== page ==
The rules of 1864 do not allow for player substitution. For the sake of resting our volunteer players, we will substitute men in the field as needed between innings.

While stealing is not a part of our game, we do allow for a one stride lead off of bases.

The official rules require a full nine innings of play for each game. If the team that is supposed to bat in the bottom of the 9th inning is ahead, the game will be declared over at the end of the top of the 9th inning.

WHY THE 1864 RULES?

The rules of baseball were first set down by Alexander Cartwright and his fellow ball players of the New York Knickerbockers Base Ball Club in 1845. Changes to the rules began immediately and change to this day.

Many revisions were published over the years, and due to the nature of communication in the 19th century, rules were different from location to location. For our program, we use the rules as set out in the 1864 edition of Beadle’s Dime Base-Ball Player.

In 1865, the bound rule was eliminated for fair fly balls. In later years the rules were changed to reflect a more skilled game, eventually leading to professional teams like the 1869 Cincinnati Red Stockings.

ARE YOU THE ONLY GUYS THAT DO THIS SORT OF THING?

Hardly. Currently there are over 400 teams in the United States and Canada. Many of the clubs are associated with historic villages or living history programs.

Old Bethpage Village Restoration in Bethpage, New York played their inaugural 19th century base ball contest in 1980. Around the same time the Ohio Village in Columbus started a 19th century base ball program. The Vintage Base Ball Association was founded in Ohio in 1996 and preserves and perpetuates the game of base ball as it was played during its formative years.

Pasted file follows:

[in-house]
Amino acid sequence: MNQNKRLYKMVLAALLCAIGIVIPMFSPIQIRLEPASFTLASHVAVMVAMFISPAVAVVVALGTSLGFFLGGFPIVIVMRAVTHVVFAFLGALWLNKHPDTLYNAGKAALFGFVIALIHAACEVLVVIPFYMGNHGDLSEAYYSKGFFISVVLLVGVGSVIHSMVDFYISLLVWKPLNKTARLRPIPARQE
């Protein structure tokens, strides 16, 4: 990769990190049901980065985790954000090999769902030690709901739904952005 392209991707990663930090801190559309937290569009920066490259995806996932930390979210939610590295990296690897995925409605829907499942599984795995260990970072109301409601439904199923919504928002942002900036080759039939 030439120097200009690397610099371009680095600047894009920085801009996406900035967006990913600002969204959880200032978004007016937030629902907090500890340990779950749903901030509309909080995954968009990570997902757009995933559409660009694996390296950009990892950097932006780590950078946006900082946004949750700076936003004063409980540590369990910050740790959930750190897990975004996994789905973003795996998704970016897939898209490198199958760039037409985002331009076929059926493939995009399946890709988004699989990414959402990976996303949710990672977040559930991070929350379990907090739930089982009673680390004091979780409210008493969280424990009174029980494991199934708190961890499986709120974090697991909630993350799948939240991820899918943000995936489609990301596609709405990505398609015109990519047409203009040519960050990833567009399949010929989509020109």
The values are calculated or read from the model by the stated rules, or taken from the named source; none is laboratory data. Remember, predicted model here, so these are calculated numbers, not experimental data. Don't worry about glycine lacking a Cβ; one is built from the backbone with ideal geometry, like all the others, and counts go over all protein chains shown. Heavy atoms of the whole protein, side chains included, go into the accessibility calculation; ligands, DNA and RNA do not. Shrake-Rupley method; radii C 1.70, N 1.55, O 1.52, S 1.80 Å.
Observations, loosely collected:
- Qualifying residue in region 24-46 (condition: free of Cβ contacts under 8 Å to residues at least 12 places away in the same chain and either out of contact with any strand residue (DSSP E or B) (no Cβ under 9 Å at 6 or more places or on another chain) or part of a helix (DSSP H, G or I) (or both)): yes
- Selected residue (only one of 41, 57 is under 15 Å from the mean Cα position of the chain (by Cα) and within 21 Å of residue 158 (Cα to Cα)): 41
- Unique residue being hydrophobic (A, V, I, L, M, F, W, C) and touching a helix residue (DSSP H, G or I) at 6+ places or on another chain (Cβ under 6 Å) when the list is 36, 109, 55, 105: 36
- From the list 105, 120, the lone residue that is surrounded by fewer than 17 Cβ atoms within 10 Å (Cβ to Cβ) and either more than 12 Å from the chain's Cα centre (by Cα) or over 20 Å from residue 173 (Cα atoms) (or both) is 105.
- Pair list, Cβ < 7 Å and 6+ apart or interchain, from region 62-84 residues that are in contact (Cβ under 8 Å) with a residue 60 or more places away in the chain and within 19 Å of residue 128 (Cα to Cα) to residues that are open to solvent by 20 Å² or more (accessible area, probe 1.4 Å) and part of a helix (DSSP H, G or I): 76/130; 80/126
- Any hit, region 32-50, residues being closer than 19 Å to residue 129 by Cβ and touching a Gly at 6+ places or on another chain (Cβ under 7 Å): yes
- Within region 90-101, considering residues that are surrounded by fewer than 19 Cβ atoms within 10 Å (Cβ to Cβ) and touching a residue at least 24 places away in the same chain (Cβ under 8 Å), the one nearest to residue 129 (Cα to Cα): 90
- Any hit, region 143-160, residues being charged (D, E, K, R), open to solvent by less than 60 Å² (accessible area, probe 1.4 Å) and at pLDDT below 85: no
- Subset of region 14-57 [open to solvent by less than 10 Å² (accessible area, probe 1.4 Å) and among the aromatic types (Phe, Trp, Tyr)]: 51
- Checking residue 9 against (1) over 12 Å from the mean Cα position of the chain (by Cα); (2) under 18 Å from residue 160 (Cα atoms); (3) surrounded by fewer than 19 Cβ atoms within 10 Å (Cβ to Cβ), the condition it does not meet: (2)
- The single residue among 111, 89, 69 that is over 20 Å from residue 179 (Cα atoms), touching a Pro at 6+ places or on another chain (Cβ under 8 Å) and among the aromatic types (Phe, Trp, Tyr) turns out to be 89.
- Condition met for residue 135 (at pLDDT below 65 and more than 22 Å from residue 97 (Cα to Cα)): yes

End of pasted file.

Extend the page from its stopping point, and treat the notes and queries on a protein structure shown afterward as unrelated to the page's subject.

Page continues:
The Tennessee Association of Vintage Baseball’s member clubs are members of the VBBA.

THIS IS THE GREATEST THING I HAVE EVER SEEN. HOW CAN I PARTICIPATE?

Please visit our website to find out about open roster spots on our clubs. Ballists need to have a respect for the game, a love of history, and a gentlemanly attitude.  The Tennessee Association of Vintage Base Ball does not discriminate against any person regardless of gender, age or race. All skill levels are encouraged.

For those who miss out on these roster spots, the best chance to play in the future is to volunteer now. We are always in need of umpires, scorekeepers, concession assistants, or historic interpreters and demonstrators, and these people are given first preference when roster spots become available. If you are interested in volunteering please visit http://tennesseevintagebaseball.com/2015-volunteer-sign-up/ to sign up.

IF A SPECTATOR CATCHES A FOUL BALL, CAN HE OR SHE KEEP IT?

No. In fact, in the vintage game, only one ball was used throughout the entire game, and was given as a trophy to the winning club.

DID WOMEN PLAY BASE BALL IN THE 1860S?

Absolutely, but co-ed teams are a more recent innovation, and one we heartily endorse.

THOSE ARE COOL BATS. WHERE CAN I GET ONE?

The Smacker Bat Company of Murfreesboro, Tenn. is the official bat supplier of the Tennessee Association of Vintage Base Ball.

CAN WE TAKE PICTURES OF PLAYERS?

Absolutely. Just one moment, let me put more pomade in my beard.

YOU GUYS ARE PRETTY OLD, ARE YOU SURE YOU’RE OK TO PLAY THIS GAME?

By scheduling our games weeks apart, it allows each club member to go to the 15-day disabled list after every game.